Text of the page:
Wednesday 26 January 2022

Despite Covid and Barriers Nicaraguans Migrate to Costa Rica

Migrants denounce collusion between Nicaraguan military and Tico police. Many through blind spots along the northern border under the alleged complicity of Nicaraguan and Costa Rican officials.

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QCOSTARICA – Restricted borders, increased immigration patrols, limitations in transportation and movement and the pandemic has not deterred Nicaraguan migrants from arriving in Costa Rica.

Nicaragua’s economic and political crisis continues to be the motivation for thousands of Nicaraguans to seek refuge and a job in Costa Rica.

The Arias Foundation for Peace (Fundación Arias Para la Paz) recently published an investigation of this migratory phenomenon. The report is entitled, “The face of the exiled: expelled and vulnerable”.

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The Foundation’s document presents data gathered between 2018 and 2020. These statistics portray the situation of nearly 80,000 Nicaraguans living in Costa Rica.

According to Costa Rica’s Immigration, the country never stopped receiving asylum requests. The applications continue despite the past year marked by the Covid-19 health crisis.

In 2018, 23,138 requests for asylum were made by Nicaraguans looking to Costa Rica for a new future. In 2019, the total was 31,624; and in 2020, there were 8,343 new requests for asylum.

The study included the participation of 284 Nicaraguan migrants who entered the country during the pandemic, many entering through the 51 blind spots, reported by the foundation, along the northern border, under the alleged complicity of Nicaraguan and Costa Rican officials.

Their testimonies tell the story of their journey to Costa Rica, in search of “a better life”.

“They are people who need to work. They are also worried about their families, for what they left behind. And they have regrets about the quality of life they’ve lost.” So, states Anayanci Espinoza, academic director of the Arias Foundation.

During the last few days, the exodus of Nicaraguans to Costa Rica has intensified. A recent report from Costa Rica’s Arias Foundation for Peace provides a closer look. Photo: Hector Rosales

On foot, horseback or motorcycle

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The study notes that the migrants enter Costa Rica via irregular (illegal) border crossings. To do so, they cross on foot, use motorcycles, horses, and sometimes decrepit vehicles.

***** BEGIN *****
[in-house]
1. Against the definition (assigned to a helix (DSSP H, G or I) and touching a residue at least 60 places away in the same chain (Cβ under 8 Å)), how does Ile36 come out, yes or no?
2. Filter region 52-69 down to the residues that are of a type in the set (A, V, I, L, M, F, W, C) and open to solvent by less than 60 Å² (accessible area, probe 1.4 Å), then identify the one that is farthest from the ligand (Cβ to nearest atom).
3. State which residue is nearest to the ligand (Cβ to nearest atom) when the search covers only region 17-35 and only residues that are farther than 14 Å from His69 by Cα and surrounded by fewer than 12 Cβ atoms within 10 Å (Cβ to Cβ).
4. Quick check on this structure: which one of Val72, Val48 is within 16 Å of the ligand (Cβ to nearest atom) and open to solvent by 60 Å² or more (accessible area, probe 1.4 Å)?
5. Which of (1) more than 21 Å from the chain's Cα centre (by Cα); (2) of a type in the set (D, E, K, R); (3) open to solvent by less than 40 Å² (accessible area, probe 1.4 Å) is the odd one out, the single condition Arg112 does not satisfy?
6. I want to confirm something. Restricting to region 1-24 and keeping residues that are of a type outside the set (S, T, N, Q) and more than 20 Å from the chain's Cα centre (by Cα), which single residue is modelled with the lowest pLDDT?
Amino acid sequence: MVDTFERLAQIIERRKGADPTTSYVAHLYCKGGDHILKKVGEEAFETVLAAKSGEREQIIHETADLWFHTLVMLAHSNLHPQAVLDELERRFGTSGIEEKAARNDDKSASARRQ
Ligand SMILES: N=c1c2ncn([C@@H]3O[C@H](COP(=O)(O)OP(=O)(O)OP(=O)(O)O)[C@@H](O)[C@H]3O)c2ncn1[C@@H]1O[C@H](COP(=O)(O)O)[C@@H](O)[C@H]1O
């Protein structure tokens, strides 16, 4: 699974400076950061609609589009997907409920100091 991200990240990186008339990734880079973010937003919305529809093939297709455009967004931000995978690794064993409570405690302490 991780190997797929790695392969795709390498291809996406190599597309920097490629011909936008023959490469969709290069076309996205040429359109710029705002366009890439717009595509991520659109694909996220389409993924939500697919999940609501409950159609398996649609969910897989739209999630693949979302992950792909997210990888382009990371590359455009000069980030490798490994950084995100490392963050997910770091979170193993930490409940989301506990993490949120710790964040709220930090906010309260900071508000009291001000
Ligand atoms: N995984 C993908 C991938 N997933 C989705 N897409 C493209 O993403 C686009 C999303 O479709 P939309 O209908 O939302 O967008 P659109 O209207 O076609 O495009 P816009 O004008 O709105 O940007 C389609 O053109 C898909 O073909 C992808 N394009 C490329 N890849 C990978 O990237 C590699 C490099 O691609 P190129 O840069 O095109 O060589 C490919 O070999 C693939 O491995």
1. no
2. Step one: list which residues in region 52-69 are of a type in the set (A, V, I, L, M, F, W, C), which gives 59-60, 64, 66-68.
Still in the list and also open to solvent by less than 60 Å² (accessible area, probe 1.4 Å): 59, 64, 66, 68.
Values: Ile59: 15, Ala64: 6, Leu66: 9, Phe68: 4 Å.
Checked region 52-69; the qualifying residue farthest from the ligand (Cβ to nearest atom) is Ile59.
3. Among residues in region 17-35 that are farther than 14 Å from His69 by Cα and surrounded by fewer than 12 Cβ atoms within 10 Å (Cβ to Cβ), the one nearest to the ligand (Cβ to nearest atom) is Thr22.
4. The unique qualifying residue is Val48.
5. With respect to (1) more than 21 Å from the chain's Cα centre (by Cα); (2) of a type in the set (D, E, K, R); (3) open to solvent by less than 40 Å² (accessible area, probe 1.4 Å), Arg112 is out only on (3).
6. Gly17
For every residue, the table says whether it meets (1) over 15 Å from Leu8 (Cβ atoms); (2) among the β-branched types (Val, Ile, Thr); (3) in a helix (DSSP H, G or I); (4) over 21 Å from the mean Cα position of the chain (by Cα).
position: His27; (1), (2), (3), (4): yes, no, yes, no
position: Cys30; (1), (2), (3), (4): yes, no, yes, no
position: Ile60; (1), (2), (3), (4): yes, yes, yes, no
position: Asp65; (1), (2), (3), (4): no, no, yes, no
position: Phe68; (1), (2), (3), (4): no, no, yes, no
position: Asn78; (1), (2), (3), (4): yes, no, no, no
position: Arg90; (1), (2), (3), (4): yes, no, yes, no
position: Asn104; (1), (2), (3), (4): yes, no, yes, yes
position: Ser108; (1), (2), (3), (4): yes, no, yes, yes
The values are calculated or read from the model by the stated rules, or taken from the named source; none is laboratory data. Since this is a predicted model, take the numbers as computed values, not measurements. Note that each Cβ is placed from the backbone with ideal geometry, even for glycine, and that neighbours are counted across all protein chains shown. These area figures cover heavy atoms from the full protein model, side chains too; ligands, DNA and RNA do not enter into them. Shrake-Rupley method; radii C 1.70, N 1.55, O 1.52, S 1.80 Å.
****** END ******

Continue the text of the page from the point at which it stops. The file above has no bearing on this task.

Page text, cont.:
In the northern border, there are only two legal crossing points, Peñas Blancas and Las Tablillas.

Claudia Vargas is the Foundation’s coordinator and program official for Nicaraguan issues. She explained that “the majority of the migration is illegal. It flows from north to south, and there’s no warning that they’re committing a crime. The migrants also don’t realize that they’re being victimized by organized crime when they hire “coyotes” (guides avoid authorities). They don’t perceive this.”

Foundation indicates that the condition of the Nicaraguans asking for asylum are people in very precarious conditions. They live or sleep in the street, they have little to eat or they’re exploited on the job. Many others live in crowded conditions, in cuarterias (rooming houses).

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The pandemic has aggravated these unsanitary conditions.

“The majority of the migrants are young, between 17 and 30. Many have some kind of technical or academic preparation. Once here, though, they’ve had to take jobs in construction (for me) and cleaning homes (for women). They’re going through very harsh psychological and economic situations,” Vargas noted.

Consequences of the migration

The lack of economic resources, depression, uncertainty, fear all are the consequences of illegal migration, the Foundation report maintains.

They lack support networks. Their loved ones far away, the xenophobia and aporophobia [fear of poverty and of people of lower economic strata] faced almost daily.

“There’s an emotional problem. They – the migrants – had social status there in Nicaragua. Here, your status drops some 4 or 5 levels,” states the report.

Another aspect that appears different from legal and illegal migration, the latter has greater expectations of returning to their home country.

And for this integration eludes them, never really committing to themselves to their life abroad.

“Exile hasn’t removed them from Nicaragua. Their heart is in Nicaragua, although their body is here. Their heart and mind are there, and they’re actively engaged with everything that’s happening,” described Vargas.

 

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